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  1. #21
    markbarendt's Avatar
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    Quote Originally Posted by Brian C. Miller View Post
    All of the developers do the same thing: develop film. All of them will give you good results. Don't worry about having "the ideal" developer, just start with something convenient that works for your personal process.
    +1
    Mark Barendt, Ignacio, CO

    "We do not see things the way they are. We see things the way we are." Anaïs Nin

  2. #22
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    I +1 that remark as well, and as far as conveniency goes, Rodinal is the deal. At least to me. It's just so allround. Dilute it 1:100, pour it in, agitate 30 sec, watch an episode of your favorite series. Agitate. Watch another. Agitate, pour, stop. fix. done. And apparently it keeps forever, as long as its undiluted.
    Nicholai Nissen
    Kolding, Denmark
    nicholainissen@gmail.com

  3. #23

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    Quote Originally Posted by RattyMouse View Post
    Thanks everyone. I prefer liquids because I only want to make up as much solution as I will use in one day.
    DDX as an example is 1L of concentrate but then again so is ID11 powder to make up 1L of stock from which you use it as concentrate or dilute at 1+1; 1+2 or 1+3 in the same way you dilute DDX at 1+4 for a working solution.

    In effect once the powder is a liquid of stock solution then it fits your preference as above. Just a thought

    pentaxuser

  4. #24

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    I just developed my first roll of Fuji Acros 100, my 3rd roll in all, using Ilfosol 3. No problems at all other than me getting some dust on my negatives. I really like the Fuji film. Developing time was 5 minutes, I went to 5 and a half to get a bit more contrast. I mix it 1+9 and I mix just enough to use for that day and the next if I'm developing that day too. If you dilute it to 1+14 then your developing time is a bit longer. I'm happy with the results and will be using Fuji Acros 100 more regularly now. Ilfosol 3 has worked out really nicely for me and is not hard to use, and I'm a complete beginner.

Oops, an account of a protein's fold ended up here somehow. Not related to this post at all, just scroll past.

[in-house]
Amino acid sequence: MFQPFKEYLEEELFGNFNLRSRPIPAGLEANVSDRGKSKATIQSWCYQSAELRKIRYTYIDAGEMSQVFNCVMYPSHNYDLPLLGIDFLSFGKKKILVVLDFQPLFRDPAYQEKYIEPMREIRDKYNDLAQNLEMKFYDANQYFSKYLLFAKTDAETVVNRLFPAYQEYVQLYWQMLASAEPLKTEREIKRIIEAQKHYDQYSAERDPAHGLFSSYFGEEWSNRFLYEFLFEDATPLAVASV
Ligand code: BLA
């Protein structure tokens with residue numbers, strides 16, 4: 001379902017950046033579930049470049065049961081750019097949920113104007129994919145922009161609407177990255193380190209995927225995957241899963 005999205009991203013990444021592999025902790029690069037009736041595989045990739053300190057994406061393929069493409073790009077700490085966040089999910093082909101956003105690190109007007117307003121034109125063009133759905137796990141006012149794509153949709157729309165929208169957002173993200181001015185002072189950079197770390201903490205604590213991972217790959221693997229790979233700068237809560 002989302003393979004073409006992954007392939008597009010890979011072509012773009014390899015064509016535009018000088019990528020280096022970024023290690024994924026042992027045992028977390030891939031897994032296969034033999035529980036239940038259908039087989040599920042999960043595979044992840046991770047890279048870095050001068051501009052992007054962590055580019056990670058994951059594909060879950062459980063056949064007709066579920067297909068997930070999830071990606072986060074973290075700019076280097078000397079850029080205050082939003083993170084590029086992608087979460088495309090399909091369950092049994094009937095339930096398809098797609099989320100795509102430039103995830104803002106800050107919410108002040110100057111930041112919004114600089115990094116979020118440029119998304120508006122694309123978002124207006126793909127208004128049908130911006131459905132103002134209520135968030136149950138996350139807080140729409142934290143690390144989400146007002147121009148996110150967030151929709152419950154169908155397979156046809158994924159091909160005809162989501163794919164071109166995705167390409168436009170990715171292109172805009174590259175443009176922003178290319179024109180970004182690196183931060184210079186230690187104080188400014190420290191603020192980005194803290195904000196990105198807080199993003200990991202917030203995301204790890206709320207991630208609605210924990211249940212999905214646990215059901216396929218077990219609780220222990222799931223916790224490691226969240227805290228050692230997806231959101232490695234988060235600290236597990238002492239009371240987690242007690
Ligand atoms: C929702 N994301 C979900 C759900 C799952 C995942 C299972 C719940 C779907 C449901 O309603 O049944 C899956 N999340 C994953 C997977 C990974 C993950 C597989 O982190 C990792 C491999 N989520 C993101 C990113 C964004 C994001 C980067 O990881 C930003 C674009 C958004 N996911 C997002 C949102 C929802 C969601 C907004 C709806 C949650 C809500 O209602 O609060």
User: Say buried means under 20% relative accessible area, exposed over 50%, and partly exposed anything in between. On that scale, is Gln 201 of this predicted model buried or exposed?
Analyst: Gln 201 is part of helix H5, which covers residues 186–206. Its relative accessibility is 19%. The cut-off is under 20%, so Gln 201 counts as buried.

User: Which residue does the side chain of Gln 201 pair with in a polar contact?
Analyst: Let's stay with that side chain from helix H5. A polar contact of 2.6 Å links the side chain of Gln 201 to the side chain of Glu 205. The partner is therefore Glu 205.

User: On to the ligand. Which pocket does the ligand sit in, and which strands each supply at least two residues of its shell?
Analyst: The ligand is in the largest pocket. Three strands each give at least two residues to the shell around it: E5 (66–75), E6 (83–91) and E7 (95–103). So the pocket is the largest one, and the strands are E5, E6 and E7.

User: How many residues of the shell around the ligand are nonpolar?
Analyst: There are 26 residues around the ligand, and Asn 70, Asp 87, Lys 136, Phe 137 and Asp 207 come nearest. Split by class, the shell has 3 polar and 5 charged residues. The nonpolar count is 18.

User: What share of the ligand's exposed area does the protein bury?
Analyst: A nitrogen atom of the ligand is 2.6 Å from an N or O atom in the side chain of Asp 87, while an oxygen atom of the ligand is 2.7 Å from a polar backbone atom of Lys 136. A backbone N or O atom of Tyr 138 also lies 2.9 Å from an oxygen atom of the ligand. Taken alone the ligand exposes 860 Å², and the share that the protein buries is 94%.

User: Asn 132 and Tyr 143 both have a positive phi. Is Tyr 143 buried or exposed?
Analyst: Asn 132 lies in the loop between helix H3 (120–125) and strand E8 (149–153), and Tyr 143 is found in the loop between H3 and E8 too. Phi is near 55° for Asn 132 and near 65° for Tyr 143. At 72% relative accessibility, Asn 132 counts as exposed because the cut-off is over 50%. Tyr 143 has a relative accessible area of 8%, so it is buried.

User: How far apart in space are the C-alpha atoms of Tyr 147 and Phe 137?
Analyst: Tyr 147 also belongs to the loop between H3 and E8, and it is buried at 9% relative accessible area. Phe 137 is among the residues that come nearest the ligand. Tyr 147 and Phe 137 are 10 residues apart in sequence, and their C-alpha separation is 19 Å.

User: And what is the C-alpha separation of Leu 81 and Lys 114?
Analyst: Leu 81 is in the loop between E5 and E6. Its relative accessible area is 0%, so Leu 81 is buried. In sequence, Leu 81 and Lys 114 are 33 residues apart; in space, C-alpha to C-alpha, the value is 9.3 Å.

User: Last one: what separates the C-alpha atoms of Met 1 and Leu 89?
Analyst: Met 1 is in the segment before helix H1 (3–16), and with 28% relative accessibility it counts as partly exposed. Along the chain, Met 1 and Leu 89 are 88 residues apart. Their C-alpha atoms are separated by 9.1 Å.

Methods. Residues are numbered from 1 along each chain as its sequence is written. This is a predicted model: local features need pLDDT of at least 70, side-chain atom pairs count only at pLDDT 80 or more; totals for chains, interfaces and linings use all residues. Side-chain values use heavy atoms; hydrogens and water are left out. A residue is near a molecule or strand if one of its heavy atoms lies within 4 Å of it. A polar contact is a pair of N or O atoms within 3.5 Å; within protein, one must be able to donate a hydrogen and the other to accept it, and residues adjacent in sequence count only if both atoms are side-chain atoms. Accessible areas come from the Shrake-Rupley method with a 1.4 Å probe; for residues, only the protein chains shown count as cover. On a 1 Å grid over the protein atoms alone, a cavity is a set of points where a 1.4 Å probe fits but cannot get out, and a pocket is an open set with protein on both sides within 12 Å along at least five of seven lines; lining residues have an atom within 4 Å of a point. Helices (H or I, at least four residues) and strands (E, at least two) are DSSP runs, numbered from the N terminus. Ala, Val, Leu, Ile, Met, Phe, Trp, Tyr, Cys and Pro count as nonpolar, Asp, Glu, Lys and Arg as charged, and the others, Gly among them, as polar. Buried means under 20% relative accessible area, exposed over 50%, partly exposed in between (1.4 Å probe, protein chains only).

5. #25

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    Quote Originally Posted by crsantin View Post
    I just developed my first roll of Fuji Acros 100, my 3rd roll in all, using Ilfosol 3. No problems at all other than me getting some dust on my negatives. I really like the Fuji film. Developing time was 5 minutes, I went to 5 and a half to get a bit more contrast. I mix it 1+9 and I mix just enough to use for that day and the next if I'm developing that day too. If you dilute it to 1+14 then your developing time is a bit longer. I'm happy with the results and will be using Fuji Acros 100 more regularly now. Ilfosol 3 has worked out really nicely for me and is not hard to use, and I'm a complete beginner.
    Thanks for your feedback. I'm excited to get started developing film. I have shot some Fuji Acros film and had it processed in a lab. I was very impressed with the sharpness and tonality. This is an immediate favorite film of mine. I just wish it also came in 400 speed in 120 size!! What a shame that only ISO100 is available.

  6. #26
    Leigh B's Avatar
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    Acros is only available in 100 speed, regardless of size.

    Some of the advantages of that film would likely be lost if they tried to increase the speed.

    - Leigh
    “Wise men talk because they have something to say; fools, because they have to say something.” - Plato

  7. #27
    markbarendt's Avatar
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    Quote Originally Posted by RattyMouse View Post
    Thanks for your feedback. I'm excited to get started developing film. I have shot some Fuji Acros film and had it processed in a lab. I was very impressed with the sharpness and tonality. This is an immediate favorite film of mine. I just wish it also came in 400 speed in 120 size!! What a shame that only ISO100 is available.
    Ilford And Kodak make good film too. Have you heard of Delta 400 and TMax 400?
    Mark Barendt, Ignacio, CO

    "We do not see things the way they are. We see things the way we are." Anaïs Nin

  8. #28

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    Quote Originally Posted by markbarendt View Post
    Ilford And Kodak make good film too. Have you heard of Delta 400 and TMax 400?

    Of course. I am going to experiment with Ilford's 400 speed films to see what suits me there as well as try the ISO3200 to see if that is a viable option for low light shooting.

    I dont want to get too attached to Kodak because I don't believe they will be around much longer. In my own case, it is time to rally around those who have a better than prayer chance to survive.

  9. #29

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    Quote Originally Posted by Leigh B View Post
    Acros is only available in 100 speed, regardless of size.

    Some of the advantages of that film would likely be lost if they tried to increase the speed.

    - Leigh

    My mistake. I am guessing that there is a Neopan 400 for 135 then which was discontinued for 120. I did not realize that this 400 speed film did not carry the Acros name.

  10. #30
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    Right. Acros is a unique film.

    It shares the Neopan name with other films, but they're not the same.

    - Leigh
    “Wise men talk because they have something to say; fools, because they have to say something.” - Plato

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